Embroidery Stitch Tutorial: How to do the Split Stitch
The split stitch closely resembles a small chain stitch, despite being in different families.
However, if you look closely, you'll see the split stitch is actually much narrower and flatter compared to the chain stitch. The split stitch is actually related to the back stitch as it begins with a straight stitch, and is then worked in a back and forth motion. If you flip the fabric over where you have a finished split stitch, you'll also notice the backside will have a back stitch pattern!
Something I find interesting about the split stitch is how far back it dates. This stitch was commonly used with a single strand of silk thread for delicate works during medieval times. It seems the split stitch was a foundational stitch used to add an elegant touch to their intricate designs, which still rings true today.
Just as the name implies, the split stitch is created by splitting the previous stitch!
The split stitch is another great outline stitch, like the back stitch and stem stitch, and it's especially helpful when working with small curves. You can also use closely-packed rows of the split stitch for delicate filling. To change up the fine look of the split stitch, you can experiment with different strand thicknesses by using more strands or thicker thread, such as wool.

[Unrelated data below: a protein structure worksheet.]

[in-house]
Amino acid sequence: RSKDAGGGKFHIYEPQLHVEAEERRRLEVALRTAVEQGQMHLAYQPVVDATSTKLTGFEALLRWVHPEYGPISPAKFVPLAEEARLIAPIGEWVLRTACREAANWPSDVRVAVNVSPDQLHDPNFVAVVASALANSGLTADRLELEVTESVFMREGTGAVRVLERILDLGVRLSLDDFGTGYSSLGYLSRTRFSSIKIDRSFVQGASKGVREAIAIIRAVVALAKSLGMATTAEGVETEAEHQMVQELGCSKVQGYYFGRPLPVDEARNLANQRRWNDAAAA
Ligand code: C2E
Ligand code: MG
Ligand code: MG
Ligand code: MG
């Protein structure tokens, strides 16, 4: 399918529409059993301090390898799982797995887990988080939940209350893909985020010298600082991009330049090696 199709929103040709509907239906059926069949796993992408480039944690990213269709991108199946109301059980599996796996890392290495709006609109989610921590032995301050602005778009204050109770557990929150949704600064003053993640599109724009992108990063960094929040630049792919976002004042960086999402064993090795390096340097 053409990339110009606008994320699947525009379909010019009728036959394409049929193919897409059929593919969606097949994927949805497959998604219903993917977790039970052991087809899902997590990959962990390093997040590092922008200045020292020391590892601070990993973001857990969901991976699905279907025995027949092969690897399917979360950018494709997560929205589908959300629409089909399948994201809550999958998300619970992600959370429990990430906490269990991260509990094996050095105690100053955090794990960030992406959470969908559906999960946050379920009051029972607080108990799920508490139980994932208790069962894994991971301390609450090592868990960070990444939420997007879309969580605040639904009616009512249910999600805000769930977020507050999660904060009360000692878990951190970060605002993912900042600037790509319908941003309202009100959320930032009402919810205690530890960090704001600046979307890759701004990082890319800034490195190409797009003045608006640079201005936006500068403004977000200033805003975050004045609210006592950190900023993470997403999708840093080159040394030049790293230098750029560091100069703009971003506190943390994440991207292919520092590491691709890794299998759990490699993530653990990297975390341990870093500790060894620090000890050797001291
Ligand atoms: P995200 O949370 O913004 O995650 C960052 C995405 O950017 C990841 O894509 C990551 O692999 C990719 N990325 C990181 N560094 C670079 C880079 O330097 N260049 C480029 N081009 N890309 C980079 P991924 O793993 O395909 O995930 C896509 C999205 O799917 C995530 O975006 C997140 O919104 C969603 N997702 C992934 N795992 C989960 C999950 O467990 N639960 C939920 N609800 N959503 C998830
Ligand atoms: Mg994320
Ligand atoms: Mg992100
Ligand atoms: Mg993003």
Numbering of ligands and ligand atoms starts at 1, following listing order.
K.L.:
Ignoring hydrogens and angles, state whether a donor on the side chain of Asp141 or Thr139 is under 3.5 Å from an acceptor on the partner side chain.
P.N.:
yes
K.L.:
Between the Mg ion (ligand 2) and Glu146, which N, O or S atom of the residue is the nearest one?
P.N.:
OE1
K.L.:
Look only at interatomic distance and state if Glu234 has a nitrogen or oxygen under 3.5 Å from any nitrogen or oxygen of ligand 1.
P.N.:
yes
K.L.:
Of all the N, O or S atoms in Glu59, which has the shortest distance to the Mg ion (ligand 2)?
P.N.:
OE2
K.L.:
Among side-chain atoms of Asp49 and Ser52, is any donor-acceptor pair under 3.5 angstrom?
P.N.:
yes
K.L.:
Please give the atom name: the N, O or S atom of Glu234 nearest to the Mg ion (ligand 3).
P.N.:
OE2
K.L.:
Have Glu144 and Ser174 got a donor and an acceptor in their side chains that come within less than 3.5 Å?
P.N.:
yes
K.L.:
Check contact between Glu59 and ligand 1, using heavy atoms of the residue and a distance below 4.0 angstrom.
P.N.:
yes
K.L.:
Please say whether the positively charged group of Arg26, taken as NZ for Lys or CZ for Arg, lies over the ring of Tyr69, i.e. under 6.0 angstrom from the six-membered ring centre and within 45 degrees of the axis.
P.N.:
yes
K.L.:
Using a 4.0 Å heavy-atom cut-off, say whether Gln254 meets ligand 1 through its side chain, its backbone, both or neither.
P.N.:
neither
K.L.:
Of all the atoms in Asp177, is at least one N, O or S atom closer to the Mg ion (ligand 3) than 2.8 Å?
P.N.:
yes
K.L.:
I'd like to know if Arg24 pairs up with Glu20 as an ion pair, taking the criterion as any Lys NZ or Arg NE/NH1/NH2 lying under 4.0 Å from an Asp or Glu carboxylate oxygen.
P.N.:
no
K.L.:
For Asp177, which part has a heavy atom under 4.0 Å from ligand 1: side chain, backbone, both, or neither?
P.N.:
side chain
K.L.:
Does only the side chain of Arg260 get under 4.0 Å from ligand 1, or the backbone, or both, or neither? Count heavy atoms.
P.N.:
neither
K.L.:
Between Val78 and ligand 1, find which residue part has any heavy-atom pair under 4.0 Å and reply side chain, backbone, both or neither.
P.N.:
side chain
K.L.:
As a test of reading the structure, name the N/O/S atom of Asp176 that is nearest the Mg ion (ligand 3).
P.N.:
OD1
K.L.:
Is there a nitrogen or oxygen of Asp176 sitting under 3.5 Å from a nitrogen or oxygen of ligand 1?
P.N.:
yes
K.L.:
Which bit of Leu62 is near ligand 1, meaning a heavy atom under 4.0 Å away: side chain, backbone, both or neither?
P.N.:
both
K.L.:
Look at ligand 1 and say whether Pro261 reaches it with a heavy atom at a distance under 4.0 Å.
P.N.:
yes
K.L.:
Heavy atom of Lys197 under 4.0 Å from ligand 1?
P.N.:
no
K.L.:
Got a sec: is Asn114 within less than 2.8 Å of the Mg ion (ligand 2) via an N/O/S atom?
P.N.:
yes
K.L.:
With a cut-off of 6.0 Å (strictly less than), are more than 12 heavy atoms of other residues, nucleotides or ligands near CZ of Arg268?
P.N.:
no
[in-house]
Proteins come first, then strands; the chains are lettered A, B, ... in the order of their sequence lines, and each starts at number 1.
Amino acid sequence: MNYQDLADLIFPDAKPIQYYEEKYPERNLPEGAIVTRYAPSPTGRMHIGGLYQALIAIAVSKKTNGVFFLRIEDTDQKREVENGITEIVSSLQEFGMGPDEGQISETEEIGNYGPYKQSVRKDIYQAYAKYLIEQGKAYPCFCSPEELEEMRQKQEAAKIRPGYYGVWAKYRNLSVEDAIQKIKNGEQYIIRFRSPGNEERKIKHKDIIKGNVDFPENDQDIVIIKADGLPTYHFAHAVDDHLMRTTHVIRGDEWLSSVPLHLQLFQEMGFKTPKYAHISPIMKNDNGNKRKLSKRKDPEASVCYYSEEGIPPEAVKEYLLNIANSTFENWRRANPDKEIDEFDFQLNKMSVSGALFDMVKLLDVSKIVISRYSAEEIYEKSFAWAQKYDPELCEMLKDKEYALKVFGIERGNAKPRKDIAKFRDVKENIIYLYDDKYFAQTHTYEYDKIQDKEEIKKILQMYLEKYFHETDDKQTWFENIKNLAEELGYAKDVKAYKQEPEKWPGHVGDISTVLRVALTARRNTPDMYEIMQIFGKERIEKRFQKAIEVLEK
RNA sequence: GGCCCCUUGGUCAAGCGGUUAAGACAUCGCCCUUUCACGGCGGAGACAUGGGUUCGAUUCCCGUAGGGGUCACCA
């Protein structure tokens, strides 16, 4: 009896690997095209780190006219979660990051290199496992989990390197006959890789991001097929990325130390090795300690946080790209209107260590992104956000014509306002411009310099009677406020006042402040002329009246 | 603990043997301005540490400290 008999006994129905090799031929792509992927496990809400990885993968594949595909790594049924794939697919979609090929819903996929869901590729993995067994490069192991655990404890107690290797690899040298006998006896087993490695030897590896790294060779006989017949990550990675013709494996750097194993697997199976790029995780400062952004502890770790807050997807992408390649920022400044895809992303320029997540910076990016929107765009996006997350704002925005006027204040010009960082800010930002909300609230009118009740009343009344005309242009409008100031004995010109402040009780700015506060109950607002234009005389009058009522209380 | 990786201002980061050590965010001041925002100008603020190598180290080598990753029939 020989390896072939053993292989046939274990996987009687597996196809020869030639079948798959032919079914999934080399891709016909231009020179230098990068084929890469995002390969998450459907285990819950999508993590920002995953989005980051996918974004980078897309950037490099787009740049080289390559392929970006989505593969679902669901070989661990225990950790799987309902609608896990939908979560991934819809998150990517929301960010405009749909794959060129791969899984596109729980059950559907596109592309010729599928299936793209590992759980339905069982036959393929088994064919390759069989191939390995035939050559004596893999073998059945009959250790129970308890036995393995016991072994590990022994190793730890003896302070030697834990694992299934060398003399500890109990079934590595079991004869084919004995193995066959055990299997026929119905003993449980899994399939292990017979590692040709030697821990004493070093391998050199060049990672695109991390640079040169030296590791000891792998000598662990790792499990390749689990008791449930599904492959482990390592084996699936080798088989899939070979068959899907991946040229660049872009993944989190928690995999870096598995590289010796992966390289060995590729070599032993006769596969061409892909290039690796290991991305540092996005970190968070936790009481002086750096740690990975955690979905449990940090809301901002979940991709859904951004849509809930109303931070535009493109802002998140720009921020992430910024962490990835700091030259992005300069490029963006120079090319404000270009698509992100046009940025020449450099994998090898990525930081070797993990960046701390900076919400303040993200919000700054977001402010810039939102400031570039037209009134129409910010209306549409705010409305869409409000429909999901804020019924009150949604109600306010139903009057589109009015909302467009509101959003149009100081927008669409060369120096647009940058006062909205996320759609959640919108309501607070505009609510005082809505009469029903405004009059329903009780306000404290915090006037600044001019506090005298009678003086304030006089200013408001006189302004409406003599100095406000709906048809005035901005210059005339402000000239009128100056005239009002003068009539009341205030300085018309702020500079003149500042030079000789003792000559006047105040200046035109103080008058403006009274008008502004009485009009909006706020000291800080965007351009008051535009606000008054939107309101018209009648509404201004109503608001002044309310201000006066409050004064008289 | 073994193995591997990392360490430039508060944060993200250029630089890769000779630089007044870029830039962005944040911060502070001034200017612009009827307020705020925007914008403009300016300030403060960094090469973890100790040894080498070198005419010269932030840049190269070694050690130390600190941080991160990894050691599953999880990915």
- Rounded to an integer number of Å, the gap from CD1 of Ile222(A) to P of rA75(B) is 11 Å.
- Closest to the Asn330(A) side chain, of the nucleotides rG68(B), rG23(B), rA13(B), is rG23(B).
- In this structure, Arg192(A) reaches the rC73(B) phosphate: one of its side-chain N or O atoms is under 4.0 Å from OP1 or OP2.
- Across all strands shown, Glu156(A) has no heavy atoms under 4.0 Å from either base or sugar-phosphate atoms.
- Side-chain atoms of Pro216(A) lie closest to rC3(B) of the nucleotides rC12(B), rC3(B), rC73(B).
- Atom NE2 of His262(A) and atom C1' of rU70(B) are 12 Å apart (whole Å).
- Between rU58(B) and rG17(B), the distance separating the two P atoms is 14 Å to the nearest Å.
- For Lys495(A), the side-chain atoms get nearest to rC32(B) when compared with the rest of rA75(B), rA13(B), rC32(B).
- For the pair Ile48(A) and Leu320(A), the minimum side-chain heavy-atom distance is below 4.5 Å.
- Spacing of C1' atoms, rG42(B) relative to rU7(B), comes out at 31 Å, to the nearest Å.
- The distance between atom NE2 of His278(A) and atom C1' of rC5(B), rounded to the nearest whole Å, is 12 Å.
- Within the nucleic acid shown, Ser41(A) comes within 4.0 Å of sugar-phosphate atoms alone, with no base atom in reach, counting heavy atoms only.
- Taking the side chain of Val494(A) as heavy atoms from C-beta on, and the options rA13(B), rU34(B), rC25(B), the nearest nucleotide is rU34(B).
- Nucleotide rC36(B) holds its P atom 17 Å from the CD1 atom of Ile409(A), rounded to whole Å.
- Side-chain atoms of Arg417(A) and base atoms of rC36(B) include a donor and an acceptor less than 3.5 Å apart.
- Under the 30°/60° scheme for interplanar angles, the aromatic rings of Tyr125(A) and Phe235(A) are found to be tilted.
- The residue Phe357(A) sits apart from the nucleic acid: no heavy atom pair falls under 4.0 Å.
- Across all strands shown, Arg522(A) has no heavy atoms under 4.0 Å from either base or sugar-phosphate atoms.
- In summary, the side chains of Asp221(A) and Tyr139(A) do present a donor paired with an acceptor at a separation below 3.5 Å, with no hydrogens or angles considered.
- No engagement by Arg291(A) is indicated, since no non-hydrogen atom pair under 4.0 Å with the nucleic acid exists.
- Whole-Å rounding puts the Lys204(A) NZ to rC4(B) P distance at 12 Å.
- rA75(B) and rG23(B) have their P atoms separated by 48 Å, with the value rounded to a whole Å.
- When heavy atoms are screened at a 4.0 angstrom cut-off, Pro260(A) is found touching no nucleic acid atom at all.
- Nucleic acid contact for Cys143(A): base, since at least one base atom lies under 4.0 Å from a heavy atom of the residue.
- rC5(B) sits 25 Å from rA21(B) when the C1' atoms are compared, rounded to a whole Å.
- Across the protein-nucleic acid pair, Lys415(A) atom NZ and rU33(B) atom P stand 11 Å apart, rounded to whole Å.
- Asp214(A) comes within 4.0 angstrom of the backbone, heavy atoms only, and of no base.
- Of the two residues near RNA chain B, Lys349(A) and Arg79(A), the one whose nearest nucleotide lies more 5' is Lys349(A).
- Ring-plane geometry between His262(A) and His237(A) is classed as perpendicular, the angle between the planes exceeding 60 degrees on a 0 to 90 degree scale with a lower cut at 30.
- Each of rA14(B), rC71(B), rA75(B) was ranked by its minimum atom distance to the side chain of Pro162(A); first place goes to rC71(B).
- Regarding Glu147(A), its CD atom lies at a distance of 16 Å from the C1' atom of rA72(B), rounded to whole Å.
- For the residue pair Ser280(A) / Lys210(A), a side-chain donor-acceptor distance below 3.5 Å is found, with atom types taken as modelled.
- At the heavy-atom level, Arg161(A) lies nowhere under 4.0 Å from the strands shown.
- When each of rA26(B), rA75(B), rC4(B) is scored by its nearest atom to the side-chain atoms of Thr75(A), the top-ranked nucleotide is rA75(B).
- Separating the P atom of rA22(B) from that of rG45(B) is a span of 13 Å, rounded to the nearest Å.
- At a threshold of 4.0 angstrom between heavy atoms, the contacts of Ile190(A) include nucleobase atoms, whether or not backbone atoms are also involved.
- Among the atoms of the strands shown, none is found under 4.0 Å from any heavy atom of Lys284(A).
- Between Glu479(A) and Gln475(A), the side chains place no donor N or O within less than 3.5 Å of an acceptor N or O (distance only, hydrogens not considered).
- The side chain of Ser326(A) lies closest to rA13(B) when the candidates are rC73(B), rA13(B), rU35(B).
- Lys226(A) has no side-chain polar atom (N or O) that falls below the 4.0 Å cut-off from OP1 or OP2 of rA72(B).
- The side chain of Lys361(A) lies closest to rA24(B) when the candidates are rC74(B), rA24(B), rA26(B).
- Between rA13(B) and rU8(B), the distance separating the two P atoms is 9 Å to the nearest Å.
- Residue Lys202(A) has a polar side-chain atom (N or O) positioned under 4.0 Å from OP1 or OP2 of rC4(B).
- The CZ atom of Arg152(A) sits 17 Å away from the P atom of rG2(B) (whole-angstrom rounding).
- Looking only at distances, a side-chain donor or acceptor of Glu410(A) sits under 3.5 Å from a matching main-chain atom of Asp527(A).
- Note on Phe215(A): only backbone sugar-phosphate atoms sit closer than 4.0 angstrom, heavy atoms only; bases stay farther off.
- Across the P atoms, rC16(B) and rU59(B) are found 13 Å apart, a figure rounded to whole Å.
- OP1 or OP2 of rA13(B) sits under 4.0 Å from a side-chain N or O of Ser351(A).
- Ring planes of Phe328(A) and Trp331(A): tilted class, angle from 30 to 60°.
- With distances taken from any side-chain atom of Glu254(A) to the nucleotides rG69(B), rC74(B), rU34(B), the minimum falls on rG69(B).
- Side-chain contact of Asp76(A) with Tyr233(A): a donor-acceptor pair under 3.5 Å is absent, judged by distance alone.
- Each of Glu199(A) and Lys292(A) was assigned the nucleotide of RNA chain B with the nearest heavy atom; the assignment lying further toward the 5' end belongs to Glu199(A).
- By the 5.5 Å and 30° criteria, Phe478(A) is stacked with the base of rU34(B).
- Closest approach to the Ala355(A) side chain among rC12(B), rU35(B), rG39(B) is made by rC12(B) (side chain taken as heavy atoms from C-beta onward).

Instructions: How to do the Split Stitch
For the split stitch, I generally use 2 strands of thread for a more refined look, but feel free to increase the amount you use to create a more bold design! If you decide to use more than 2 threads, I recommend sticking to an even number since you'll be splitting them in half later.
Step 1: Bring your needle up through the fabric at the end of the line and make one stitch going forward. Pull the thread all the way through to the back of the fabric.
This is otherwise known as the straight stitch. You can read more about the straight stitch in my blog post HERE.
Step 2: Skip over and bring your needle up one stitch length away from the end of the first stitch.
Step 3: Take your needle down in the middle of the first stitch. This splits the stitch.
Keep repeating steps 2-3 until you reach the end of the line.
This stitch is worked similarly to the back stitch.
The main difference is instead of bringing your needle down at the end of the previous stitch, you're splitting it! This is the back stitch method; however, you can also work this stitch by coming up through the previous stitch and splitting it that way. Some find the alternative easier and more precise, but both ways are still considered the split stitch! Be sure to experiment and find what works best for you!
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